U.S. ready to lift sanctions on Sudan, says official

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Sudan insists that there is "no reason" for it to be blacklisted, as it has cooperated with US intelligence agencies in fighting "terrorism" - a claim acknowledged by the US State Department.

The Sudanese government said on Wednesday that "it has fulfilled all the necessary conditions relating to the roadmap", stressing that "the U.S. administration is a witness to that and therefore we expect the sanctions to be lifted".

The decision also reflected better human rights conditions in the war-torn Darfur region of western Sudan and more access for humanitarian aid, a senior administration official said.

President Trump issued a pair of Executive Orders that the State Department says came after "the Government of Sudan's sustained positive actions".

According to a second administration official, who also briefed reporters on the policy change, Sudan has pledged not to pursue arms deals with Pyongyang going forward.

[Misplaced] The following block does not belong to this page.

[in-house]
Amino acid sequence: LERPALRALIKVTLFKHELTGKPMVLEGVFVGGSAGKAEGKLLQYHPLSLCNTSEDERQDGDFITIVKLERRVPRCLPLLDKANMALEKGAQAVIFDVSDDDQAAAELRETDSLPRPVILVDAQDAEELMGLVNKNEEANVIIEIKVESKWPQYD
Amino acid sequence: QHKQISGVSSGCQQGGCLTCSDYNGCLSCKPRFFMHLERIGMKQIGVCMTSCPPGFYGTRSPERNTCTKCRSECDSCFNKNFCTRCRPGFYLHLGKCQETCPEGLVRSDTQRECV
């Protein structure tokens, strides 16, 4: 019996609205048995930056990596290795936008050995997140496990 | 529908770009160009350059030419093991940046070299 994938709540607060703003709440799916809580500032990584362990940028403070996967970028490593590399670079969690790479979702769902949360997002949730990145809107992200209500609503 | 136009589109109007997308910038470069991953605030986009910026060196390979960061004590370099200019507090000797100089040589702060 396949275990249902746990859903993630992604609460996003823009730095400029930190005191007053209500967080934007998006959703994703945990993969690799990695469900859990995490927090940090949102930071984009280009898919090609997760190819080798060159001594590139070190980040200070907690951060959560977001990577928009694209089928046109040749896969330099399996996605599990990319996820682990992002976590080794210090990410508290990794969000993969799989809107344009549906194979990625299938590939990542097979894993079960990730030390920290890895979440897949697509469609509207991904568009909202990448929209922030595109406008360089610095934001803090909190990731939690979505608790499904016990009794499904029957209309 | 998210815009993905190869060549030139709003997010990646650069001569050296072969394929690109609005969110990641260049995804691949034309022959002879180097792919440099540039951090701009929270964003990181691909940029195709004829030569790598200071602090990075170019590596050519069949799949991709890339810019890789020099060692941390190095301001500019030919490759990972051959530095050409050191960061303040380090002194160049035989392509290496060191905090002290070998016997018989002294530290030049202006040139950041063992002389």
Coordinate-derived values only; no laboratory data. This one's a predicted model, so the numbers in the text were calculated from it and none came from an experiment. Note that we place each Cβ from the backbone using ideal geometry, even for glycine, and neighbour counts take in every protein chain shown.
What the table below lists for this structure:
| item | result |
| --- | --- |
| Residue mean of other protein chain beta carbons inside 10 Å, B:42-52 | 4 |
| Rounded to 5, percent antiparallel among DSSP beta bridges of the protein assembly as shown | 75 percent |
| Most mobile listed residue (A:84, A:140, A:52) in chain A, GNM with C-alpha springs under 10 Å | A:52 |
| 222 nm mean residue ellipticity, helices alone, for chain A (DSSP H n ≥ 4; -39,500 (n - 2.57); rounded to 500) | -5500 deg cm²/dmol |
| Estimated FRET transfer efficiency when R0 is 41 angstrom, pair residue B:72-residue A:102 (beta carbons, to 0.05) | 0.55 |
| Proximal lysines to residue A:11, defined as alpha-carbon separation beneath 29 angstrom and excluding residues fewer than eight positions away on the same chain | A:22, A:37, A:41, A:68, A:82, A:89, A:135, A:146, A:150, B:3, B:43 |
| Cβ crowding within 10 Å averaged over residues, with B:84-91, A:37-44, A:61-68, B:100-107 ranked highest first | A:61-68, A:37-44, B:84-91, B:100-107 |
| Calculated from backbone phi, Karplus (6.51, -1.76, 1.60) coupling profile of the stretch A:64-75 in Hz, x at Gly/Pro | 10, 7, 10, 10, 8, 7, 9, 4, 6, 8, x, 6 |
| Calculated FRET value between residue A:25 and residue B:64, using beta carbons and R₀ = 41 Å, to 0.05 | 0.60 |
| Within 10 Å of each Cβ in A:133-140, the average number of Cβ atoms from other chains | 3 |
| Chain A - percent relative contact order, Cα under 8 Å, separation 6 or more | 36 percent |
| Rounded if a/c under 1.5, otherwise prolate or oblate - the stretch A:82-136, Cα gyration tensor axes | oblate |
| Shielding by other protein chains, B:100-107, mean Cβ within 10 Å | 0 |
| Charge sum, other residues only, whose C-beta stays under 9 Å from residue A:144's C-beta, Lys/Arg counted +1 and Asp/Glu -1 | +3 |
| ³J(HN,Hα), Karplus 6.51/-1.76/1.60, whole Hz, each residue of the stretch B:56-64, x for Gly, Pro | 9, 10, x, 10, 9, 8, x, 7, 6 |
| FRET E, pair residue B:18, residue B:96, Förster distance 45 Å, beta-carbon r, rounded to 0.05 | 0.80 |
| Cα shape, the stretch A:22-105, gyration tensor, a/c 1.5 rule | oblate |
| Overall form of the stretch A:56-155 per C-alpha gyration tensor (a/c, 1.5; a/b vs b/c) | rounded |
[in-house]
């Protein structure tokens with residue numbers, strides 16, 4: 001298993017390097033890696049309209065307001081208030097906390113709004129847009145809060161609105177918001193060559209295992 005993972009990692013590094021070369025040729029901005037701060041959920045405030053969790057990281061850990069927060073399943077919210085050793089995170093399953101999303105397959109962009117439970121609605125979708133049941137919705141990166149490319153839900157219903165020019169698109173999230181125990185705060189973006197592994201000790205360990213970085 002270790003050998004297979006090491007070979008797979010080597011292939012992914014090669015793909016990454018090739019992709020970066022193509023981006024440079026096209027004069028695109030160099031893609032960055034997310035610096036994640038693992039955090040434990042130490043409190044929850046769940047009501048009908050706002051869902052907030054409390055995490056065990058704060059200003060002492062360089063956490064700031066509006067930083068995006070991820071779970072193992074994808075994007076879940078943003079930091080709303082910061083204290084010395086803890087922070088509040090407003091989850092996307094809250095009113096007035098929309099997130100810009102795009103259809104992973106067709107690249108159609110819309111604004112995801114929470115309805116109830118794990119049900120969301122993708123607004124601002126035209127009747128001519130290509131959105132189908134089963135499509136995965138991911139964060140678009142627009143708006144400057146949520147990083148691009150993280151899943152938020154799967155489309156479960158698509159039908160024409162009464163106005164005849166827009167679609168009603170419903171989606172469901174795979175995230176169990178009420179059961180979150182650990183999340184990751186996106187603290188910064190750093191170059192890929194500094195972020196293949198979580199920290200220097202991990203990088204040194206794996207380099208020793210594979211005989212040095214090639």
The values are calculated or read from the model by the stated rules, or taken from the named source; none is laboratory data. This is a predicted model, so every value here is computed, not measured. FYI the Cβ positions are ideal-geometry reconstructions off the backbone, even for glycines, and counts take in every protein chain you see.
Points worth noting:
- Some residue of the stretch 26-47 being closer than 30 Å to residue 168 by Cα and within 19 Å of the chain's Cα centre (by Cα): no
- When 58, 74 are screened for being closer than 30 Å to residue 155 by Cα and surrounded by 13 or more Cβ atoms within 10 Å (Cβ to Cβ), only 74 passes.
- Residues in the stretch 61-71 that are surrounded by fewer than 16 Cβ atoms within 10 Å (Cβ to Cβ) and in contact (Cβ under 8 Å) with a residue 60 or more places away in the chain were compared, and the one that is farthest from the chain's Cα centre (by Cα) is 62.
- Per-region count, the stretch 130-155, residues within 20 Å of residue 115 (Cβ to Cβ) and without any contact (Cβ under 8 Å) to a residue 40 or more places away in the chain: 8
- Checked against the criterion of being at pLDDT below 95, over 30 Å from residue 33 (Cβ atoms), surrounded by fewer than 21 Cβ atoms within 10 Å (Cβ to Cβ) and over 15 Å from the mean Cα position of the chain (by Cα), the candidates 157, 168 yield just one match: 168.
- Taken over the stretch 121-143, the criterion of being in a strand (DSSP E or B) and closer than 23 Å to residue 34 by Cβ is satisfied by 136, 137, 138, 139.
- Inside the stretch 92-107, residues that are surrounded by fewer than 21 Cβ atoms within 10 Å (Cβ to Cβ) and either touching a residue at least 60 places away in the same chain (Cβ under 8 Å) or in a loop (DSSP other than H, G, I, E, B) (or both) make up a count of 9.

For two decades, the comprehensive United States sanctions crippled the Sudanese economy, increasing debt and inflation, and paralyzing the banking sector.

"We will not necessarily take the government at their word", one official said.

"This is a first step towards a full normalisation of relations between Sudan and the West".

It will improve that country's diplomatic ties with Washington and allow the unfreezing of Sudanese assets.

In a statement Sudan's foreign Ministry said the country welcomes the positive decision taken by American President Donald Trump.

The statement also said Sudan was looking forward to building natural and progressive ties with the USA, "but this necessitates removing Sudan's name from the list of countries sponsoring terrorism". On Oct. 6, the United States formally lifted partial sanctions on Sudan.

Shortly before leaving office, former U.S. President Barack Obama temporarily eased penalties against the east African nation.

Officials cited improvement on human rights, on the mitigation of conflicts within Sudan and progress on counter-terrorism for the decision. The sanctions had cut Sudan off from much of the global financial community.

Democratic U.S. Representative Jim McGovern said the sanctions decision "legitimizes the murderous actions of the Sudanese government" and warned that "any back-sliding will likely result in Congress reinstating sanctions".

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